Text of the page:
People who are more emotionally stable spend more during the Christmas season, while those who are high in neuroticism spend less, according to new research by UCL and Northwestern University.
Those with more artistic interests, more active imaginations and who are more open minded spend less, whereas those who are more conscientious, plan ahead and are organised spend more in the lead-up to Christmas.
Researchers also found a positive correlation between extraversion and conscientiousness with Christmas spending.
For the study, published today in Social Psychological and Personality Science, researchers aggregated more than two million individual transactions from 2,133 participants’ bank accounts, matching spending records to individual survey responses measuring personality.
Data was collected anonymously in collaboration with a money management app, whose customers were invited to take part in the survey and consent to matching their survey responses to their transaction data.
Researchers then compared the relationship between the Big Five personality traits (openness to experience, conscientiousness, extraversion, agreeableness and neuroticism) with spending habits, showing that personality traits are related to more specific spending behaviours which could impact broad outcomes such as long-term financial goals.
Dr Joe Gladstone (UCL School of Management), who co-lead the research project, said: "These findings can help us understand how people’s personality shapes their spending. This may help us to tackle some of the urgent social problems we face, from increasing personal debt levels to excessive materialism, both of which are found to negatively impact happiness."
Although the results do not offer explanations on the personality trait links, the researchers have speculated that those showing high levels of openness tend to be low in conventionality and traditionalism, meaning they might be less inclined to follow societal norms such as exchanging gifts at Christmas.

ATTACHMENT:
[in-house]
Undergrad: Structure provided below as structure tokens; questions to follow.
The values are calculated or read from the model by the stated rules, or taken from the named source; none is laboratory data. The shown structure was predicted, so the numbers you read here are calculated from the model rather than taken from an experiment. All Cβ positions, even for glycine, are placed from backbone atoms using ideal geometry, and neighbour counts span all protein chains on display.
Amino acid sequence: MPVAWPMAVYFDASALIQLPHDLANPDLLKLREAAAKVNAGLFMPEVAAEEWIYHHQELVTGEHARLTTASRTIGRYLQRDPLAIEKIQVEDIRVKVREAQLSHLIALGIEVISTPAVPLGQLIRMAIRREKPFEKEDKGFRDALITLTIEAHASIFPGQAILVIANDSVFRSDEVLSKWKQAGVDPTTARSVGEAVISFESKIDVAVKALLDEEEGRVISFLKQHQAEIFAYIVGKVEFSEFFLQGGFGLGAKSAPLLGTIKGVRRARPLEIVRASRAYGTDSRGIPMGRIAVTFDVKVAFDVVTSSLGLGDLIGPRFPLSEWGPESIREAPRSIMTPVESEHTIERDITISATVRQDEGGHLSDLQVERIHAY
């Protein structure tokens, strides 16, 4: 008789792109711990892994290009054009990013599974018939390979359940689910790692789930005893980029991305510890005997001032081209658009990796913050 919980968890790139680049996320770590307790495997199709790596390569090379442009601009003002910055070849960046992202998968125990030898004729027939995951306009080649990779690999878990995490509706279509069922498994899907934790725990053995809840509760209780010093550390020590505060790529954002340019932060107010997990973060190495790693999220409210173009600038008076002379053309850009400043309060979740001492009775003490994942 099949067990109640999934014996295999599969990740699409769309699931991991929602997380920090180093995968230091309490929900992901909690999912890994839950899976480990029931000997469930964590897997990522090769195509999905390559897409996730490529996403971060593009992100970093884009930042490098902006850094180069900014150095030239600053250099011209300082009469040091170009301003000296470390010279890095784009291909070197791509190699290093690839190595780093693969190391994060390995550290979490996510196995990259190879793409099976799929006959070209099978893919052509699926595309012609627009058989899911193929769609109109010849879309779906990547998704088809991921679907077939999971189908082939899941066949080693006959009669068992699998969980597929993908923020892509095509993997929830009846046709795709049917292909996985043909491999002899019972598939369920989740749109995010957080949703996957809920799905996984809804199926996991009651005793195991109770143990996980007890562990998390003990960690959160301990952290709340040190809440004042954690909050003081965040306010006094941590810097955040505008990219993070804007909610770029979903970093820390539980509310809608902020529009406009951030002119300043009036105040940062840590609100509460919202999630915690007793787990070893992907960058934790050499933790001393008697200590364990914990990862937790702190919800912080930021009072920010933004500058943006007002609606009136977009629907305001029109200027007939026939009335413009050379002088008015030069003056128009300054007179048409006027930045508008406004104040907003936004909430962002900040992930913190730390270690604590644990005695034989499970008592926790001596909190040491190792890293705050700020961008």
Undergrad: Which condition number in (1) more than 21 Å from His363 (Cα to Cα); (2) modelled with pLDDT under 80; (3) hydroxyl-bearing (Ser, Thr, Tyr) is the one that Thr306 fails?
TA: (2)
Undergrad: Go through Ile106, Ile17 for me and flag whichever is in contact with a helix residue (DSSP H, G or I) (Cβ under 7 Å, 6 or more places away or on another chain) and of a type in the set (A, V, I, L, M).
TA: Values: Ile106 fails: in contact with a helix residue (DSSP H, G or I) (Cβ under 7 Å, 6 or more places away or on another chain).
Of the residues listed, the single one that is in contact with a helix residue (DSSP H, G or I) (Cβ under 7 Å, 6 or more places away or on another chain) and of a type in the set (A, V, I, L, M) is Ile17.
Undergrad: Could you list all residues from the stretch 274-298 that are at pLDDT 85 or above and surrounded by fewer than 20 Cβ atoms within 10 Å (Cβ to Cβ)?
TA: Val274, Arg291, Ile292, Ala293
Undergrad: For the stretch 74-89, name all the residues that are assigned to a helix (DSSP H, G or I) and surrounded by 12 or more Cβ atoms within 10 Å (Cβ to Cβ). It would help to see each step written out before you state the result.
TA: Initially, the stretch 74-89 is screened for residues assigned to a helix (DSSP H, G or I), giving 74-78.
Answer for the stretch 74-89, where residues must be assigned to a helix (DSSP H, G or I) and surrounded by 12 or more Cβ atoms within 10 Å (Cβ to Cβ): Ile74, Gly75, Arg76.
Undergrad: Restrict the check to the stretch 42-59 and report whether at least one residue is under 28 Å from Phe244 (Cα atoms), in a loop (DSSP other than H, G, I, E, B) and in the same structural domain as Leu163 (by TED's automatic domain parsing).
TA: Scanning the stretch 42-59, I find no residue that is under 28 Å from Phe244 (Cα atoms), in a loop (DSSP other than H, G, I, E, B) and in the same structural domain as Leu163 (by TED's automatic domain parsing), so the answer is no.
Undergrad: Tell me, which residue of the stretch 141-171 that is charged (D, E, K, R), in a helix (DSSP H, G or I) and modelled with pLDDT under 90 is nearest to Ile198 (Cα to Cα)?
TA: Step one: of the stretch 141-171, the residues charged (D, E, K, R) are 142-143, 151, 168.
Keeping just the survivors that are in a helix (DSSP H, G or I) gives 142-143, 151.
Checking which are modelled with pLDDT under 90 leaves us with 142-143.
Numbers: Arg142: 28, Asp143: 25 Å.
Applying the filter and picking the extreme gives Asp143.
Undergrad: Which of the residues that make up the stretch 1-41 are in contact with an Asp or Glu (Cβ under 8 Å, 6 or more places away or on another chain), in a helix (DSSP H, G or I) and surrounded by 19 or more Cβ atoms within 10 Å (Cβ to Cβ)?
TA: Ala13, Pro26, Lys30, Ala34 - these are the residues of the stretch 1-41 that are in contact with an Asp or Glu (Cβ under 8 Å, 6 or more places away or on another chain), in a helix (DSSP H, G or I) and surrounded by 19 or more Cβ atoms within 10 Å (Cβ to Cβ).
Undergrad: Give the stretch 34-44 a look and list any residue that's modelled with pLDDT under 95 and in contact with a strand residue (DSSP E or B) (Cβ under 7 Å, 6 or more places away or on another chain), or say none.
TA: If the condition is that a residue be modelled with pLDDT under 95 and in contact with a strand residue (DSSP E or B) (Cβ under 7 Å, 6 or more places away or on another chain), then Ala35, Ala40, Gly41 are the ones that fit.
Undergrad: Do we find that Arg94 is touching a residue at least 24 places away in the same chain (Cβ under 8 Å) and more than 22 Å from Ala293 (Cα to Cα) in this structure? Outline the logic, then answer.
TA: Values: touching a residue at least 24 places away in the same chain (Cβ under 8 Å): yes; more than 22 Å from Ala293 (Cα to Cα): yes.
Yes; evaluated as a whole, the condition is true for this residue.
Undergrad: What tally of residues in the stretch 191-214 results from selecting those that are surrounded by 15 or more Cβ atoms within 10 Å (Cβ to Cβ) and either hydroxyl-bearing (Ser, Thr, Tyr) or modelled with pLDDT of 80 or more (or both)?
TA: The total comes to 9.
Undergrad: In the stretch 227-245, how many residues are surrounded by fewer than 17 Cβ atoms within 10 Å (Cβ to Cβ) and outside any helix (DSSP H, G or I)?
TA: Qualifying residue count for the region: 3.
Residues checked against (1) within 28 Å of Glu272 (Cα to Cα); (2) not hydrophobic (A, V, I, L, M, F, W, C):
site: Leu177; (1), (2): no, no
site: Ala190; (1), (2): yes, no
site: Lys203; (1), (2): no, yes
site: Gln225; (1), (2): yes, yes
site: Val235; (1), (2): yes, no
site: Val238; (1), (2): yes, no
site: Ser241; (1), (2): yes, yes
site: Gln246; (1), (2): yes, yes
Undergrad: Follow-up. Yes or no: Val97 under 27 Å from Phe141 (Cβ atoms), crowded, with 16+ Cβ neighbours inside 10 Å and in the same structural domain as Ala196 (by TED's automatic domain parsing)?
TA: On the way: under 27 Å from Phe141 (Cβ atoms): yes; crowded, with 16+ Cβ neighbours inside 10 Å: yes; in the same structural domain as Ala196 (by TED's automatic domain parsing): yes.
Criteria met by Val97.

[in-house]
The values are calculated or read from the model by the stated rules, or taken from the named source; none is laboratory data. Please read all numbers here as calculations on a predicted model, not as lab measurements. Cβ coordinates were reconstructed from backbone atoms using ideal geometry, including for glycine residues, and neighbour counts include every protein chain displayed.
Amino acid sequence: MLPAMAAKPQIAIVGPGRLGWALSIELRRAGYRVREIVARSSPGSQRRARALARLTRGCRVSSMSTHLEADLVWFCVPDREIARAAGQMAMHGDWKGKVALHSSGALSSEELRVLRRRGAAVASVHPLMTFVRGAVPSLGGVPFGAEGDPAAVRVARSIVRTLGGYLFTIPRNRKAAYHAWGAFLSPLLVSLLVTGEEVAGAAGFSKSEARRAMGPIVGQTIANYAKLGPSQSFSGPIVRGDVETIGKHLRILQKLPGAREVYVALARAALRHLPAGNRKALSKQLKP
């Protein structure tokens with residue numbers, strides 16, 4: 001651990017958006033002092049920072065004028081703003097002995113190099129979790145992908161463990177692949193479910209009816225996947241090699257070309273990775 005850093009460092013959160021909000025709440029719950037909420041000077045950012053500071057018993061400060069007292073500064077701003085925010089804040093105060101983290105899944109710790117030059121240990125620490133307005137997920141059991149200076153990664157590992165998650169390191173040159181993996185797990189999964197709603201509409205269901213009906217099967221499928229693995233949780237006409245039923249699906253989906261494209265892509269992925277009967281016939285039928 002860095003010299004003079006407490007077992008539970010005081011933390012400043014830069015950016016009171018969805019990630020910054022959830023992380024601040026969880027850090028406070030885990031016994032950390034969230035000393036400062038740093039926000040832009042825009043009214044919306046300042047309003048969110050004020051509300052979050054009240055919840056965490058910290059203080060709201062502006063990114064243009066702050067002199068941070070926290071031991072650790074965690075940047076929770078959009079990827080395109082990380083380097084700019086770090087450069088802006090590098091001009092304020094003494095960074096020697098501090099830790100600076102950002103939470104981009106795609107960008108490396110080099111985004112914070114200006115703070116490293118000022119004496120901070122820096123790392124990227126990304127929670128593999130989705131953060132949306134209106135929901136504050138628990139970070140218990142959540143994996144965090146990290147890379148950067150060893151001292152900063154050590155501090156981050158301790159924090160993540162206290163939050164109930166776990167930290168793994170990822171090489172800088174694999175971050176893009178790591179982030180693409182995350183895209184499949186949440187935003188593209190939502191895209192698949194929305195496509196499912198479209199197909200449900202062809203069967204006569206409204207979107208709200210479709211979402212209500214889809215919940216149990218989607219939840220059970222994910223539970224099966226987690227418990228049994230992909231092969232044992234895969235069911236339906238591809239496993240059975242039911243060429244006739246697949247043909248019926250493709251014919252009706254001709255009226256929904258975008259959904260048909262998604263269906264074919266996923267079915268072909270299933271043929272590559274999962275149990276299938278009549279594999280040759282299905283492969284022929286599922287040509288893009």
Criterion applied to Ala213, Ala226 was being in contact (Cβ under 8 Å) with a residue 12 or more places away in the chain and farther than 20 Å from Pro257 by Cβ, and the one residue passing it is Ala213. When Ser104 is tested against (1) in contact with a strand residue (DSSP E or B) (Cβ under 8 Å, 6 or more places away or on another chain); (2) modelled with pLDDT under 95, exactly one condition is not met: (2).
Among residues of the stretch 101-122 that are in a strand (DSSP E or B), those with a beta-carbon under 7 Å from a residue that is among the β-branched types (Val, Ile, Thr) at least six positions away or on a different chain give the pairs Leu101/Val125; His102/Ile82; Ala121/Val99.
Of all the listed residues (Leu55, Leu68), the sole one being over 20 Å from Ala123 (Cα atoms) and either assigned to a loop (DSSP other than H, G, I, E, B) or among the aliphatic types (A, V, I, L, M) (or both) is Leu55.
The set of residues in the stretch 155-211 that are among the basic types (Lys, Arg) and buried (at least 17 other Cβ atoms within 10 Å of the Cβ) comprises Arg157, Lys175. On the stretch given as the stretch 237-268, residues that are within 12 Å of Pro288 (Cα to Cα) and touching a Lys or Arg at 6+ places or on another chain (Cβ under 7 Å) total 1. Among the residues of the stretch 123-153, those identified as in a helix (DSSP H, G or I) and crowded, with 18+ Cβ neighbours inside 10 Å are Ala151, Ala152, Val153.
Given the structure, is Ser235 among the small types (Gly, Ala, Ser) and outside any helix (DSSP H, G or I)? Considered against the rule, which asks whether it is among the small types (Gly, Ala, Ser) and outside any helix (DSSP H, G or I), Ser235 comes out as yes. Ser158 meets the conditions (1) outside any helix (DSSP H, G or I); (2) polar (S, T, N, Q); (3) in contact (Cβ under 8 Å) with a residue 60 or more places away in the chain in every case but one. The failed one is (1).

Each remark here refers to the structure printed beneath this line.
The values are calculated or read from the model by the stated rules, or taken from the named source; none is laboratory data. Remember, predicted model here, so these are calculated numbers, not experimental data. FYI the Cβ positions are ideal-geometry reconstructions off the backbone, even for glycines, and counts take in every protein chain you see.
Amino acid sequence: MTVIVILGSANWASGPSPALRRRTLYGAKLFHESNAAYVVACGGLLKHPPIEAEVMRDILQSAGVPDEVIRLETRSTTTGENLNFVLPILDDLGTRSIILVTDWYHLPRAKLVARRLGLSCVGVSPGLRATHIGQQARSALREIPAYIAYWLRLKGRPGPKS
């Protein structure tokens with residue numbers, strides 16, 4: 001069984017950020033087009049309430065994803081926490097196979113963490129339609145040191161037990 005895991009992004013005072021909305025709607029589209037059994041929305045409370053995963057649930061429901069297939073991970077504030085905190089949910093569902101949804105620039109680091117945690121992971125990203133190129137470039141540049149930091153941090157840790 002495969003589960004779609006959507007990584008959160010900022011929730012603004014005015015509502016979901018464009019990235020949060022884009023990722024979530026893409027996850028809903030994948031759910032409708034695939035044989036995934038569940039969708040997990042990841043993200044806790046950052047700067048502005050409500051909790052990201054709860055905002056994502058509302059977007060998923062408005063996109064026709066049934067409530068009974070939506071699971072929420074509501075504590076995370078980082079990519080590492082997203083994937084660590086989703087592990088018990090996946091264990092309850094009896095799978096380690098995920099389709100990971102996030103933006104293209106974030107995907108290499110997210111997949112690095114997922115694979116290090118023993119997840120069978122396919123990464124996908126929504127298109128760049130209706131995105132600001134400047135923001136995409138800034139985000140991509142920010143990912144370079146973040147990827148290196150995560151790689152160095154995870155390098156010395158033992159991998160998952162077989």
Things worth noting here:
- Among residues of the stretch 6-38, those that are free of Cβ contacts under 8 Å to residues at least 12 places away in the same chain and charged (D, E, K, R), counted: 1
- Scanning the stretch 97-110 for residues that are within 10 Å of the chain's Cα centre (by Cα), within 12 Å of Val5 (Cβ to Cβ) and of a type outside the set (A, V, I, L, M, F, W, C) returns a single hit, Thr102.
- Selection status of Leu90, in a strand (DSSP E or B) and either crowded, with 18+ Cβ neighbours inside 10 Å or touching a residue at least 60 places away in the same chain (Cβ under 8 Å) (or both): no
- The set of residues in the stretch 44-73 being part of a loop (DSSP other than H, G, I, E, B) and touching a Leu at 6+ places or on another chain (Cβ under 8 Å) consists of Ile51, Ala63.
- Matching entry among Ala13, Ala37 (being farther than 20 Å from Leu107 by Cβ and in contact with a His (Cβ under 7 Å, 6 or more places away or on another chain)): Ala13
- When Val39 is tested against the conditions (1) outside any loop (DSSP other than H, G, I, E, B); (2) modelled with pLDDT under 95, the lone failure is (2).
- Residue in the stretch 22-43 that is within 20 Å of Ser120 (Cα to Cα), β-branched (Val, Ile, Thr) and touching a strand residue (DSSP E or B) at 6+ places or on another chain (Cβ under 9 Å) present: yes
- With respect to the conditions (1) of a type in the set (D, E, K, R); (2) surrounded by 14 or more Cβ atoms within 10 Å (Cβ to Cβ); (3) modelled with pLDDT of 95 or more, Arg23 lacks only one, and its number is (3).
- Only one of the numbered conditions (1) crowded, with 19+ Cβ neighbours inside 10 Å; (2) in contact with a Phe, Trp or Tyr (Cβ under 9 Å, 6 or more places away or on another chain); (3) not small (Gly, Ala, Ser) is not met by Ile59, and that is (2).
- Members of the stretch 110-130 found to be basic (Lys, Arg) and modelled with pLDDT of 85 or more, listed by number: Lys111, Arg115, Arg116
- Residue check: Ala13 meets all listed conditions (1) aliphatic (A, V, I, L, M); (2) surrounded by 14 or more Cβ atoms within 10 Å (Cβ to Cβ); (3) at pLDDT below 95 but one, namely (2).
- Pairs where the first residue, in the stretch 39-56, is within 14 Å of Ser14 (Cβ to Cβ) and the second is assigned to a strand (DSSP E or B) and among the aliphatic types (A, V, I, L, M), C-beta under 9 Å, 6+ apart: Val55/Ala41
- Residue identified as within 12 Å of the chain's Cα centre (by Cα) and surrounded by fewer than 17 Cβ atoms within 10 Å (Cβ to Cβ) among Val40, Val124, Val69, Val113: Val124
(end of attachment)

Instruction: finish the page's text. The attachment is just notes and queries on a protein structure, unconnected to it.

Those showing high levels of neuroticism might be more susceptible to the pressure of Christmas gift-giving, whereas those with lower levels might be less worried about buying the perfect presents or disappointing friends and family.
Co-lead author Dr Sara Weston (Northwestern University, Feinberg School of Medicine) said: "We’ve known for a while that personality is related to what we call ’broad outcomes’, or how much money you make or how happy you are or how long you live. But we know less about why personality is related to those things."
Spending was analysed for November and December, with individuals’ average spending prior to this period used as a control variable. This was calculated using all transactions prior to November 1 and dividing this by the number of days the participants had been enrolled in the study to reveal average daily spending.
Most research to date has relied on self-reports of spending. However, these may suffer from biased responding, such as survey takers not answering the questions truthfully. Therefore, the use of transaction data allows for more objective insights into the psychology of money and spending.